At least one Northwestern student now looks both ways before crossing the street. Sophomore Joey Hendershott is a little more cautious after being hit by a truck while in a crosswalk.
At approximately 8:35 a.m. on Friday, Jan. 25, Hendershott was crossing the street at the crosswalk between the Cafe and Van Peursem Hall when he heard his friend sophomore Derrick Marra call out his name. The next thing he knew, he had been hit by a truck.
“I saw a truck,” Hendershott said. “It was slowing down, so I automatically assumed he saw me and was going to stop. Apparently he didn’t see me because the sunlight was in his eyes or something.”
Shocked bystanders watched as Hendershott was thrown nearly six feet forward onto the ground.
“I was just really worried,” said senior Jen Angus.
For senior Liz Kester, witnessing the accident triggered her nursing-student mentality.
“I wasn’t even in the mindset to call (911),” Kester said. “It was like, should I be taking his pulse? Vitals?”
Hendershott got up and stumbled to the side of the road where he lay down on the grass to assess how badly he was injured. The man who was driving the pickup got out of his truck to see if he could help. Professor Koene was at the crosswalk when Hendershott was hit and called 911.
“I never saw someone fly through the air like he did,” Koene said.
After 10 to 15 seconds, Hendershott realized he was not seriously injured. He looked up, smiled and told the man who hit him that he was okay.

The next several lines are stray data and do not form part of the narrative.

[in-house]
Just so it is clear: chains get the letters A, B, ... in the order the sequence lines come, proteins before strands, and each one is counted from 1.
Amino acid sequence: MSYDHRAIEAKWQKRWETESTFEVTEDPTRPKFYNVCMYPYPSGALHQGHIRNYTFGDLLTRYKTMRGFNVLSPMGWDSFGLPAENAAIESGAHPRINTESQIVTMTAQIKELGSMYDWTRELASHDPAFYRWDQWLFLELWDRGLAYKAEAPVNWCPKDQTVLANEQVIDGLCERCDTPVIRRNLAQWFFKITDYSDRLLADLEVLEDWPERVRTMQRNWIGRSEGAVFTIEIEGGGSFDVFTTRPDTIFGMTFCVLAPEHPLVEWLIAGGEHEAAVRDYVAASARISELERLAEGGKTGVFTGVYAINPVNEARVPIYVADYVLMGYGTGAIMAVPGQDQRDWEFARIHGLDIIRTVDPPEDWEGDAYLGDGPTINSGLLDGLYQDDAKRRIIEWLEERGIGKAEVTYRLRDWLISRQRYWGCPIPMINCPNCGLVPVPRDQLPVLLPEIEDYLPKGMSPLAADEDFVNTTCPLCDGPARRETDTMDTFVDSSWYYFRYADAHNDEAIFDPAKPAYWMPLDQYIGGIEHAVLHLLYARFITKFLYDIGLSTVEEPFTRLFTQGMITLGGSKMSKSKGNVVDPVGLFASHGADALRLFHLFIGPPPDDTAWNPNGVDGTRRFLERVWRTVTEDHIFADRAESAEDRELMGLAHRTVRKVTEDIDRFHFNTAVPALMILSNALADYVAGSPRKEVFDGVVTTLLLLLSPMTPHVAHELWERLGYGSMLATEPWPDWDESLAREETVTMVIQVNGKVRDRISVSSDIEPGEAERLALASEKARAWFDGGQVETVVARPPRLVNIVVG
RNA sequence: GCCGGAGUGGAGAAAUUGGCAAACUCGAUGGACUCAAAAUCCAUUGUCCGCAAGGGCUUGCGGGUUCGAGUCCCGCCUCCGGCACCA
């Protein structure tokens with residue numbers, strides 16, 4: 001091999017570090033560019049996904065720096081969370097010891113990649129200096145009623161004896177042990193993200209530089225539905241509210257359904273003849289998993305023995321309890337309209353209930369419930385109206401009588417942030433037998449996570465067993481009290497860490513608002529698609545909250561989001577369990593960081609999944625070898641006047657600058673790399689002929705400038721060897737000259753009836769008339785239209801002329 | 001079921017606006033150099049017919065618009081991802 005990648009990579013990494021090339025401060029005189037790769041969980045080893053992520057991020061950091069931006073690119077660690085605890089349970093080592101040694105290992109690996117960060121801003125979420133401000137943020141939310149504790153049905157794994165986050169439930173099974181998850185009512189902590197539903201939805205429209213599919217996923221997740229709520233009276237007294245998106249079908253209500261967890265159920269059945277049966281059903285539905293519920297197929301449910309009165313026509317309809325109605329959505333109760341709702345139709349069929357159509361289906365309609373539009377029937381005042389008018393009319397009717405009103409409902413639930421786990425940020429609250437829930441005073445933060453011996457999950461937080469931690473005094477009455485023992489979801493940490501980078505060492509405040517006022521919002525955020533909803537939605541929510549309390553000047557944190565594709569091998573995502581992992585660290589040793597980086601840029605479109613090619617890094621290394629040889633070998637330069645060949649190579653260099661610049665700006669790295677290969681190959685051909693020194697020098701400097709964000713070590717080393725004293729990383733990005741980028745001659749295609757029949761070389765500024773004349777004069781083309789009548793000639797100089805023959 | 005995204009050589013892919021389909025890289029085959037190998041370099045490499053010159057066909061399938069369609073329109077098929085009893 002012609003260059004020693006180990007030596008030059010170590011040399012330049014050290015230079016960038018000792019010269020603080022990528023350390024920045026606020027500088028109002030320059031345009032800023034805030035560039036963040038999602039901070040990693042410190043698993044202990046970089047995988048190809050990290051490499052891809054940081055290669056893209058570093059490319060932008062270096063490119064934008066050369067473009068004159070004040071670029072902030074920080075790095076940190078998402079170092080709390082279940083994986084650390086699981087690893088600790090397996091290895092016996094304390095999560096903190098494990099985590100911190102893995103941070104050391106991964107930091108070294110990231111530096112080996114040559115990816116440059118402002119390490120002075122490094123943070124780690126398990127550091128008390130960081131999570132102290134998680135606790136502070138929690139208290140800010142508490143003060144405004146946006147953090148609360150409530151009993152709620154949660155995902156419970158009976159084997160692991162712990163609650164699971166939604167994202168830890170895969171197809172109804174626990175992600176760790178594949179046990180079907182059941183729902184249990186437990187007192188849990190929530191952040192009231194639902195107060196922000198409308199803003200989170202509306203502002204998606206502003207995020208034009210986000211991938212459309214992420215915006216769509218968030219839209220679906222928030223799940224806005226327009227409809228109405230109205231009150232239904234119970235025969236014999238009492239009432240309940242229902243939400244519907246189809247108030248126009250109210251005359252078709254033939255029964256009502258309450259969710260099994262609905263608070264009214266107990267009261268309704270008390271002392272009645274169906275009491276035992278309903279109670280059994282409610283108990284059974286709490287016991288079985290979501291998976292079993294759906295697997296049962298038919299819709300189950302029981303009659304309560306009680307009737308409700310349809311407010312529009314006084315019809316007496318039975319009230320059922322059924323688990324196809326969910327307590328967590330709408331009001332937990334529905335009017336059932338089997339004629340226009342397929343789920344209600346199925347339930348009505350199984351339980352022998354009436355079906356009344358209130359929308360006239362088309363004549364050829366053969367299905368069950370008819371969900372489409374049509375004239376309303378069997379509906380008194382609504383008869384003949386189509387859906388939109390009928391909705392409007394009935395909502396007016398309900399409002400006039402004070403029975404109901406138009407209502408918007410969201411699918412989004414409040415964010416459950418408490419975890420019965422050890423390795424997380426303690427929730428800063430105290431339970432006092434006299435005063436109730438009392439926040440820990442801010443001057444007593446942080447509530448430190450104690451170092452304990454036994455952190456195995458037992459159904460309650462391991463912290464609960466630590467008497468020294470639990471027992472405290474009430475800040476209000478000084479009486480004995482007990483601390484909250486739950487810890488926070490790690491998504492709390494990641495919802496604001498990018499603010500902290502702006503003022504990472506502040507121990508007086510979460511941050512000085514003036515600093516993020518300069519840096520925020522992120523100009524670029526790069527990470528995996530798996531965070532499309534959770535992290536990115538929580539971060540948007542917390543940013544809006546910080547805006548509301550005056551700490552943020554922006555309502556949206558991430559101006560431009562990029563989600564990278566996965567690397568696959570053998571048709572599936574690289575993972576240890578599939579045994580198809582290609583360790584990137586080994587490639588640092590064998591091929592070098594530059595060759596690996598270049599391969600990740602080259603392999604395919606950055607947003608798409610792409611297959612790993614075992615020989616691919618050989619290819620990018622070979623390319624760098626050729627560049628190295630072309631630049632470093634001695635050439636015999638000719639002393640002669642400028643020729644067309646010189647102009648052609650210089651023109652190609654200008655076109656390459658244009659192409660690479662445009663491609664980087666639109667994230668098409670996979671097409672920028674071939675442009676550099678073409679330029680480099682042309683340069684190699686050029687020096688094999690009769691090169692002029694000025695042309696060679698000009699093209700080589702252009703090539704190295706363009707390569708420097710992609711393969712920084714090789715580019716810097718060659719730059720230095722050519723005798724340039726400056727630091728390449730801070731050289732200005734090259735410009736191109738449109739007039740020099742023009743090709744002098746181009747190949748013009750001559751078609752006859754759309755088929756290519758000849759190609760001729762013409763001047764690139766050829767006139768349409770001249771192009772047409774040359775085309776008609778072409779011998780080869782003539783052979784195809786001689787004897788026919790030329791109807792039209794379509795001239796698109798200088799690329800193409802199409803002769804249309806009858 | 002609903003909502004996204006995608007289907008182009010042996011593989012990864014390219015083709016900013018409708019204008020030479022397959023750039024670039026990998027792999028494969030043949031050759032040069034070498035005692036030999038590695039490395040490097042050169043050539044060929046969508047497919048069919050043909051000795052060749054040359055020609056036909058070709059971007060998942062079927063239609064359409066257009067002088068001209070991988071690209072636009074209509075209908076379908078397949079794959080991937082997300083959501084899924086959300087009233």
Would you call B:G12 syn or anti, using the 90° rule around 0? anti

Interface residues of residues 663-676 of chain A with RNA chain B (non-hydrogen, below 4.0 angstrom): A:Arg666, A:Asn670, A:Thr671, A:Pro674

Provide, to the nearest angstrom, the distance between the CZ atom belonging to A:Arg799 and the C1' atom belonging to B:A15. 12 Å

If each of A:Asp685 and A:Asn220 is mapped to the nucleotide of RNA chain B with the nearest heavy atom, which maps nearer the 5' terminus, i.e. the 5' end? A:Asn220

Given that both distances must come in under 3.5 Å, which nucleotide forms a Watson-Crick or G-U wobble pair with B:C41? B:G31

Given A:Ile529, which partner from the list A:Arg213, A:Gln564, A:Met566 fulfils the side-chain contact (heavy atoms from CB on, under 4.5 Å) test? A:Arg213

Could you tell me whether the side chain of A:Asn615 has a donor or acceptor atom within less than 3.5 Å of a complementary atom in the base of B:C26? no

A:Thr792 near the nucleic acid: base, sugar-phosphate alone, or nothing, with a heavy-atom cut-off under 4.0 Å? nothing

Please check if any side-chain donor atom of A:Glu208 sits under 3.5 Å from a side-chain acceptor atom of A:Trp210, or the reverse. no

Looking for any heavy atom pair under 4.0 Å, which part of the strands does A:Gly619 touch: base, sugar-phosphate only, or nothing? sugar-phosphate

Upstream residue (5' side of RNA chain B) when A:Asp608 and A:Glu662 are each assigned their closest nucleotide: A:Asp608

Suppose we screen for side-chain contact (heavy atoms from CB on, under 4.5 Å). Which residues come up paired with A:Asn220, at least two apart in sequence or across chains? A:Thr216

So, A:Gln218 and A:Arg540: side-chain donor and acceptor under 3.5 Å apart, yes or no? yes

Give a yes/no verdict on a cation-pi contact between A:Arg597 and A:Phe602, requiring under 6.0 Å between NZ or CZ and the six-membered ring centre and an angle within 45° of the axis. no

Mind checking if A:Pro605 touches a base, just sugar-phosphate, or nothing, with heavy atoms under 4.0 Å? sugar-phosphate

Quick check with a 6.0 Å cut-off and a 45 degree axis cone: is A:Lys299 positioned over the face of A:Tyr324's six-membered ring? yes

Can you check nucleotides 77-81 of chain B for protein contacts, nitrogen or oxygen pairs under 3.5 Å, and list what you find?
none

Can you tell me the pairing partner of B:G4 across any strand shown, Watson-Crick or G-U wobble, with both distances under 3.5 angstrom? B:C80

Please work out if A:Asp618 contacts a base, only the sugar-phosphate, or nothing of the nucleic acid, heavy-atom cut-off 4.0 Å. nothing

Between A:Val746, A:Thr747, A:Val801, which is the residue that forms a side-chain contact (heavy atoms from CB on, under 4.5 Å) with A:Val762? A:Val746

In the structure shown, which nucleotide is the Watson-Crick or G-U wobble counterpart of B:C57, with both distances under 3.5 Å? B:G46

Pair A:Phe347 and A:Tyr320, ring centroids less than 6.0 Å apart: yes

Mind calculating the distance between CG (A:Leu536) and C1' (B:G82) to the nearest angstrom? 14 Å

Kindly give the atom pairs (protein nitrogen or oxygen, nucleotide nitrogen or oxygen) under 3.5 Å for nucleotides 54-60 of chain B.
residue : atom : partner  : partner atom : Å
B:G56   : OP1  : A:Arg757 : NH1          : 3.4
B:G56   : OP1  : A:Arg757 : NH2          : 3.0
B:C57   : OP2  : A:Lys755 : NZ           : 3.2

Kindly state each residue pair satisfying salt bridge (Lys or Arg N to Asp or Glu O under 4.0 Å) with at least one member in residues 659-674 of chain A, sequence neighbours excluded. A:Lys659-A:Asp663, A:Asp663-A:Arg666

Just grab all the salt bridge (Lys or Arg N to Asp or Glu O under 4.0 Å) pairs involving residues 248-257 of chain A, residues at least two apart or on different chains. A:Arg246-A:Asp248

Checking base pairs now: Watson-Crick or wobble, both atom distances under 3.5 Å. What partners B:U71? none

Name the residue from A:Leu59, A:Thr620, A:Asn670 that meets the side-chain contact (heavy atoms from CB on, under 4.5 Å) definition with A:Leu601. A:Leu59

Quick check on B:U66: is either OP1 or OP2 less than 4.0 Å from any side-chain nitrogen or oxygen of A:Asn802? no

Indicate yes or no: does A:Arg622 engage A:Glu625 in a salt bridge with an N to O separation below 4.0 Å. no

“He looked really, really freaked,” Hendershott said, “like he was about to cry or something. So I had to tell him ‘Hey, it’s alright.’”
Although Hendershott does not remember the name of the pickup driver, the man did accompany him to the hospital to make sure he was OK.
Students eating breakfast in the Cafe watched the entire scene unfold.
“Everyone’s eyes shifted to the crosswalk, freaked out and just prayed the kid was okay,” said junior Jordan Biehle.
Around campus, news quickly spread that a student had been hit by a vehicle. Within a half-hour of the accident, Hendershott was receiving texts from concerned friends asking if he was OK. It was also a popular topic on Facebook and Twitter.
Tests and x-rays revealed that Hendershott survived the whole ordeal with nothing more than a bruised knee.
“My friends thought it was pretty funny, just because I wasn’t hurt,” Hendershott said. “We joke about it. I’m now ‘that guy’ who got hit by a truck.”
Later that day, Hendershott informed his family of what had happened.
“I called my dad and started out with, ‘OK, don’t freak out, but I got hit by a truck this morning,’” Hendershott said. “He stayed calm. My mom freaked out completely.”
Hendershott also called his pregnant sister and took care to word the news as calmly as possible.
“So she wouldn’t have a baby or something,” Hendershott said.
Although Hendershott escaped the incident with virtually no injuries, his close call did have an impact on the way he crosses the street.
“I make sure to check about three or four times each way,” Hendershott said. “If there’s a car coming and it looks like it’s not slowing down, I just wait until it goes past.”
Hendershott offered students the following crosswalk advice.
“When you cross the road, make sure the car comes to a complete stop,” Hendershott said. “Keep your head up. Look at the car. Try to make eye contact with the driver. Don’t just assume it’s going to stop.”
Obviously, it might not.